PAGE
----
WASHINGTON – The premiers of Canada’s two largest provinces came to Washington on Friday to sing the praises of free trade: lower prices, more jobs, better selection at the grocery store and supply chains that create geo-political bonds.But that trade-liberalizing passion comes with some caveats.The premiers of Quebec and Ontario acknowledged that their own trade practices are not perfectly open in every sector and will not suddenly become that way in a newly renegotiated North American Free Trade Agreement.In one exchange, the governor of Colorado voiced a desire for freer trade in dairy. He made the request on a panel while seated beside Kathleen Wynne and Philippe Couillard — premiers of the two main dairy-producing provinces in a country that limits dairy imports.“Colorado is a big cheese-manufacturing state. So I’d probably want to negotiate a little bit about the cheese,” said Gov. John Hickenlooper.“Because we all have our specific things that we think, maybe, aren’t quite as fair.”Dairy isn’t the only protected sector in Canada. So is poultry. In addition, sub-national jurisdictions protect certain types of government contracts. Also, Couillard said it’s important for Quebec to maintain protections on cultural products in order to preserve its francophone culture.Couillard said it’s normal to maintain some protections in a trade deal.“I would say, tongue in cheek, there’s no such thing as a free-trade agreement. There are trade agreements with exceptions and specificities — ones countries need to keep in order to keep their policies and priorities moving forward,” Couillard told a panel at the Washington International Trade Association.“So, (let’s proceed with) modernizing (NAFTA). Keeping each others’ interests in perspective. Being able to put yourself in the other person’s shoes — to understand why (certain sectors are) so important… But overall let’s keep markets open.”On government procurement, Couillard told reporters he’s considering whether to speed up planned renovations of Montreal metro cars in order to provide work for Bombardier, as layoffs are threatened there.States and provinces have the right to exempt certain public agencies from competitive bidding under WTO rules, although Canada entered these NAFTA negotiations hoping to expand free trade for public contracts with the giant U.S. market.The U.S. has taken the opposite approach — it’s looking to limit trade in public works. That’s one of several controversial proposals from the Americans, who have also proposed creating a so-called sunset clause that could end NAFTA every five years.Wynne said this negotiation has been unusual.“Do I think there needs to be some systematic approach to reviewing (NAFTA)? I think we can all agree,” she said.“(But) what has triggered this review is not a systematic or rational process. That was not a political comment. But if there were a way to have a more rational (five-year) trigger, I think that would make sense.”Events a few kilometres away underscored her point.As Wynne was speaking at that panel, U.S. President Donald Trump was just outside the city at a conservative political conference where, in his speech to partisans, he trashed NAFTA.“NAFTA is no good. It never was any good. But, for some reason, nobody ever changed it,” Trump said.“They emptied our factories. You’ve got to see the car plants and the auto plants in Mexico. Like, you’ve never seen anything like it before. I want those companies — and they’re starting — I want them back here.”Ironically, he was saying this at a conference made famous by Ronald Reagan — the conservative favourite who spearheaded North American free-trade talks. Meanwhile, in downtown Washington, D.C., the premiers were promoting NAFTA inside the Ronald Reagan Building.The premiers are in Washington for the annual winter conference of state governors. State leaders have proven to be influential allies to people trying save NAFTA — writing letters, lobbying U.S. President Donald Trump and sharing their concerns with Vice-President Mike Pence.Couillard said he and his Ontario counterpart have met dozens of U.S. governors since last year — and every one supports NAFTA. He said they understand the benefits of free trade — cheaper fruits and vegetables available throughout the year, minerals from Canada that supply manufacturing in the southern U.S., an integrated defence-industrial base and nine million jobs linked to trade in the U.S. alone.“Open markets create jobs,” Couillard said. “Closed markets kill jobs. … Closed markets increase prices, for people who have economic difficulties.”He urged the countries to reach a quick agreement. He said businesses hate uncertainty, and said the uncertainty at some point needs to end.Projections from Scotiabank and the Bank of Canada estimate that if ambiguity lingers over NAFTA into next year, the ensuing investment concerns would reduce Canada’s GDP by about one-fifth of one per cent through 2019.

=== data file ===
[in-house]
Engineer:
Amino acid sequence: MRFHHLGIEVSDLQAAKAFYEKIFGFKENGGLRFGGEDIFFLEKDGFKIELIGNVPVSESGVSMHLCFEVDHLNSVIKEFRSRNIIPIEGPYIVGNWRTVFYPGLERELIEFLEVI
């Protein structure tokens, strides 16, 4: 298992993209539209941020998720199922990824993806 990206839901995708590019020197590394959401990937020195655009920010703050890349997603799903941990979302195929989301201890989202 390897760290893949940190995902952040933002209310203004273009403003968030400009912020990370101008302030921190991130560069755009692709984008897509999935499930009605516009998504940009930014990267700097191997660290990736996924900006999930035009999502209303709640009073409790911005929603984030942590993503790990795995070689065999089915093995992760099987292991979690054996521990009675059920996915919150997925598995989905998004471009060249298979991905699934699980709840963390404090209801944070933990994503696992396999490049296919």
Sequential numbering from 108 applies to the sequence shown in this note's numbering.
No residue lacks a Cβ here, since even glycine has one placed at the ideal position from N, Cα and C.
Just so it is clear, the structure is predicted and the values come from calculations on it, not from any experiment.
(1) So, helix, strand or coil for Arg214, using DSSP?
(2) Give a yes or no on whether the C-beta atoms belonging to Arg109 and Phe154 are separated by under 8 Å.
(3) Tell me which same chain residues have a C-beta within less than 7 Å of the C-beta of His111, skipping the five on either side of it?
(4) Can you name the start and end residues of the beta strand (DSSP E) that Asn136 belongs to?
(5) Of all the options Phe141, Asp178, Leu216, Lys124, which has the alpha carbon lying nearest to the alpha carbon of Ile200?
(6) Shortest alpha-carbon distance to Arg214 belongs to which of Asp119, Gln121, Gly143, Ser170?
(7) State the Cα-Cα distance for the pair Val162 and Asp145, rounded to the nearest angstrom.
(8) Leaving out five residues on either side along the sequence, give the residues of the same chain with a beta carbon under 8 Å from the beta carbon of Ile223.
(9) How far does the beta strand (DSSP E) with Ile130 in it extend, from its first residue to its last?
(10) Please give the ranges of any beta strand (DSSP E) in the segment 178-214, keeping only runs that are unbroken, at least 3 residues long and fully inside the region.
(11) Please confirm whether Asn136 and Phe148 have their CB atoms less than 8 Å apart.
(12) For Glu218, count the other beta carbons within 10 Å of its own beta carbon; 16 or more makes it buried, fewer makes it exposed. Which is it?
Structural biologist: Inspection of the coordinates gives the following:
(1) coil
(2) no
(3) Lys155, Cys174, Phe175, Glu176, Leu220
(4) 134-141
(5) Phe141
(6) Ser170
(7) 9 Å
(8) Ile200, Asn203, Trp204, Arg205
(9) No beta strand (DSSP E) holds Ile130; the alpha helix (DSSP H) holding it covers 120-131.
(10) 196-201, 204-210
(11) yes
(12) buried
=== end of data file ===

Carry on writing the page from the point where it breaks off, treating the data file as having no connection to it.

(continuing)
CARL BIALIK STATSMOJJOMOJJO NEWCARL CHARTING Based on my experience covering tennis, professional players usually remember to bring their tennis shoes to the court. On a June Thursday, as I walked into Courbevoie Sport Tennis outside of Paris, I realized I hadn’t. I was there to try out a new technology from Mojjo — a French company that makes what Emmanuel Witvoet, one of its founders, calls “Hawk-Eye for everyone.” Hawk-Eye is the advanced camera-based system that tennis tournaments use to adjudicate disputed line calls and to provide advanced stats for television. It’s sophisticated, impressive and expensive — out of reach for most amateurs, in part because it uses 10 cameras. Witvoet said he and his co-founders had figured out how to do much of what Hawk-Eye does with just one camera, making it affordable for the masses.Unlike the masses, pro players have ready access to the kind of data that Mojjo was about to provide me. They get all sorts of detailed stats after every match, and at tournaments like Wimbledon, they get more. After matches, they receive DVDs that allow them to toggle between points or watch only, say, their backhand errors. It’s not easy for amateurs like me to get that kind of information, but we are clamoring for it. Some 70 million fitness trackers like Fitbit were bought last year, and smart watches like Apple’s bundle fitness tracking with their smartphone features. In tennis, rackets from Babolat and racket attachments from Sony measure things like spin and speed of shot — but their accuracy is questionable.Now, for one surreal, amazing, frustrating and delusion-shattering morning, I would finally have the data. A camera would capture the flight of the ball, software would analyze what happened on each point, and detailed match stats — my detailed match stats — would be put online. I was treated like a pro, but the data showed me how far I had to go to play like one.My friend Alex Duff came along to help me test Mojjo out. Duff is a data geek and amateur tennis player who once recorded video of one of our matches so we could review our performance later. For this match, we were instead armed with two laptops — so that we could each predict the match stats beforehand.After telling the Mojjo courtside kiosk which of us was serving first, Duff and I took the court atop a light dusting of red clay, the same kind of stuff the pros would play on later that day at the French Open five miles away.I told Duff not to be too self-conscious even though a camera was running. I then proceeded to be incredibly self-conscious because a camera was running. I can’t remember starting another match as poorly as I did this one. My head was full of excuses, and I felt self-conscious every time a club employee walked on court, which was often: I felt his eyes staring at my shoes, as if he were the Mona Lisa.Mojjo was the main problem. I’d recently read the classic book “The Inner Game of Tennis” and knew I was supposed to think less and clear my mind. I didn’t — and instead was rushing during points. Silver lining: That meant we’d play more points in our allotted two hours, and more points meant more data.Despite my struggles, I won the first set 6-3. And after extending my winning streak to six straight games, I started to consider secondary goals, like looking good for the camera. I couldn’t do much about my sweat-stained shirt, but I could at least retuck my shorts pocket after pulling out a ball for a second serve. I promptly lost eight straight points.I started playing a little better and went up 5-3 in the second set. That’s when we played our best game of the match by far. We both hit winners and saved game points. After four deuces, I closed out the set. I asked for one more — and cruised to a 6-0 win.Then the email containing our stats arrived from Mojjo, and our amateur match suddenly felt like an official one. We had numbers that looked, if you squinted sideways, like numbers from the pros. We each had one ace. I hit four double-faults; he hit five. We each made a little over 50 percent of our first serves. These weren’t crazy numbers for a clay-court match by pros. Andy Murray and David Ferrer, two of the best players in the world, had just put up roughly similar numbers in their match at the French Open the day before.The video uploaded to Mojjo’s site later that day, and it was odd — not only because it depicted my awkward-looking one-handed backhand. At times, it showed scores that didn’t make much sense and seemed to include shots hit after rallies were over, like to get a ball back to the server, as part of the match.When I could get past the technical hiccups, I saw that unlike the emailed stats, which could have passed for professional-grade, the video looked nothing like match footage I was used to watching. Even with the unusual perspective of the single-camera wide shot, it was clear that my strokes weren’t Grand Slam-ready. And the tennis looked like it was being played at half-speed. Our bodies and the ball crept through the frame — even when the video wasn’t glitching. Second-serve returns in percentage81%81%81% Double-faults455 First-serve returns in percentage77%78%85% Second-serve in percentage89%87%86% Percentage of all points won61%61%61% Aces101 Special Podcast: Check out Baseline, a U.S. Open mini-podcast with Carl Bialik, Louisa Thomas of Grantland, and others from the National Tennis Center grounds. Listen here, and subscribe to the FiveThirtyEight sports podcast Hot Takedown on iTunes now so you don’t miss an episode! First-serve win percentage64%61%57% Break points of opponent’s serve202012 Win percentage for rallies of 10+ shots100%50%33% Win percentage for rallies of 1-3 shots60%61%64% Mojjo isn’t the only tennis tracker around. An Israeli company named PlaySight uses four cameras to Mojjo’s one, and its technology is more mature: Clubs have already installed it in about 130 courts. It provides a glimpse of what Mojjo could eventually do and of how a more advanced system could do things for amateurs that even some pros don’t get.Over Skype, PlaySight’s CEO and co-founder, Chen M. Shachar, said his system cost $10,000 per court — about three times what Mojjo will charge — plus a license fee for each facility. As is the case with Mojjo, the club, not the player, pays the PlaySight fee. But clubs most likely pass this cost on to players through higher per-match prices.Shachar said PlaySight has much bigger plans. For instance, he said the software eventually will be able to compare, say, me to its database of other players and tell me how my serve, backhand and other shots compare with the averages. And he envisions an improvement on current systems for remote coaching, which require coaching companies to download and tag video: I could instead share my PlaySight account — including video and data — with a top coach on the other side of the world. That’s better than pros can do when they’re playing on courts without Hawk-Eye.PlaySight already can do things Mojjo doesn’t immediately plan on. For instance, PlaySight live-streams matches. And its courtside kiosks provide in-match stats and video replay. It also offers a level of precision that makes it possible to review line calls, which Mojjo doesn’t.While Mojjo lacks the precision to make line calls with certainty, its camera nonetheless gave me a rare chance to review my own calls. Pros don’t call their own lines, but amateurs like Duff and I do. And I could tell while watching the raw video of my match that I’d made some questionable out calls.That’s not the only lesson I learned from my experience with Mojjo. My serve and volley stinks — I won 25 percent of those points, and that was lucky. My backhand is much weaker than my forehand (43 percent on backhands without slice vs. 63 percent on forehands without slice). I also landed fewer first serves than I predicted I would — and that I thought I had right after the match.I wasn’t nearly as good at intuiting stats while playing a match as I’d thought. Shachar said this isn’t unusual for people in high-stress activities — including sports and higher-stakes contests. PlaySight founders adapted their tennis platform from one they developed to allow fighter pilots to review their actions. “The gap between what really happened and what you think happened is huge,” Shachar said.2Pros, too, can have trouble tracking stats in their head. Gilles Simon, one of the most stat-conscious men on tour, said after defeating big-serving Milos Raonic at the Queen’s Club tournament in London last month that he’d thought Raonic had landed the vast majority of his first serves in the first set, only to learn when looking at the scoreboard between sets that Raonic had made just 52 percent.On the plus side, I learned that statistically, tennis looks pretty similar when played by two people of similar ability, no matter what that ability is. I even found a match that had roughly similar stats and scoreline to my match with Duff. It happened 15 years ago at Wimbledon. The winner was Fabrice Santoro, who like me had unconventional strokes.3He also had the very cool nickname “The Little Magician.” The loser was Andrea Gaudenzi, which sounds a little like Alex Duff in Italian.4To find a similar match, I examined stats from 12,379 best-of-five-set matches made available on GitHub by Sackmann. Then I zeroed in on the 855 straight-set wins with scores closest to ours of 6-3, 6-3, 6-0. Finally, I calculated z-scores for 15 stats in our match and for each of the 12,379 pro matches: seven for each player (ace percentage, double-fault percentage, percentage of first serves that went in, percentage of first-serve points won, percentage of second-serve points won, break points against, and break points converted against), plus the dominance ratio (the ratio of the percentage of return points won to the percentage of serve points lost by the winner of the match). I summed the absolute value of the difference of the z-score for each of the 15 categories for our match and for each of the 855 matches. Santoro d. Gaudenzi came out the closest. Pros: They’re just like us.I also came to a fairly obvious realization that nonetheless troubled me. Before my Mojjo match, I considered myself a smart player, adjusting my tactics to take advantage of each opponent’s weaknesses. But with Mojjo, whatever I learned, my opponent would too — we’d both get the same stat sheets. For instance, from my charting, Duff landed 22 serves directed at my forehand and lost 20 of those points. If he notices that stat, he probably won’t serve to my forehand nearly so often the next time we play. Maybe having post-match stats would help my opponents more than me, by removing what I think is my tactical advantage from having an approximate handle on what’s working and what’s not. There’s also the risk I’d overthink things; even pros like Rafael Nadal and Novak Djokovic said in media conferences at Wimbledon this year that they don’t normally look at their own stats in too much detail.But even if data can’t improve my game, my curiosity is stronger than my competitiveness. Now that I’ve experienced what very few players have, it’s been hard to go back. Each match uncharted feels like a lost opportunity to learn more about my game — including just how ugly my backhand is. While I wait for Mojjo to fix its bugs and come to courts near me, I’m awfully tempted to start filming and charting my matches myself.Maybe I’ll use a GoPro. Win percentage for rallies of 4-6 shots60%61%61% First-serve in percentage53%51%58% Win percentage for rallies of 7-9 shots54%54%50% Second-serve win percentage50%51%54% Break points converted151510 The next day, Witvoet, Duff and I met at the picnic tables outside Court Suzanne-Lenglen. Witvoet acknowledged that there were plenty of bugs still to work out. He and his fellow 30-something co-founders — Charles Chevalier, the chief technology officer, and Julien Vernay, the chief operations officer — had just installed Mojjo permanently at the club the prior week. “You are one of the early birds,” Witvoet said. “As you’ve seen, it’s not all polished. We know definitely it’s not totally ready.”After matches, the founders compare the footage from the Mojjo camera to the stats and use any discrepancies to hone the system. On their to-do list: a voice-recognition system that detects when players call balls out; social sharing of points so you can, for example, brag about an ace on Facebook, with video; and a gamified system so coaches can set statistical targets — like hitting a higher percentage of service returns in the court — and players can collect badges for achieving them. They’re also considering a pure software version that will allow players to use Mojjo to analyze footage they’ve shot themselves. “Our idea is, in some future, you GoPro yourself, and it’s done,” Witvoet said.Because of the video problems, Witvoet agreed to share with me the raw video of the match. I decided to check the stats for myself. I used a system developed by Jeff Sackmann for his Match Charting Project, which has enlisted volunteers to chart nearly 1,000 pro matches. During my Eurostar trip from Paris back home to London, I alt-tabbed between the video and the spreadsheet to log every shot — its type, direction and outcome.1For example, for one long rally I lost, I entered 4f29b2f2f3b2b2f+1f1# into a cell in the spreadsheet. Then I compared the results with Mojjo’s. They were off, in some cases by a lot.Duff hit 13 double-faults by my count, not the five Mojjo counted. I was making more first serves, but losing those points more often than Mojjo said. Both Duff and I were making more first-serve returns than estimated. And the break-point stats were way off for Mojjo, off even from the realm of possibility: The system showed that I’d faced five break points but been broken six times. (I counted four breaks off nine break points.) When Mojjo rolled out the next version of its software, correcting for problems reading high balls, and applied it to our match video, some but not all of these stats were more accurate — you can see just how accurate for my stats in the table adjacent to this paragraph. Chevalier estimated that the error rate on who won each point was below 5 percent. Score one for humanity over machine, so far at least, when it comes to logging tennis stats. But also score one for the pros, that special subset of humans who have someone doing the statkeeping for them.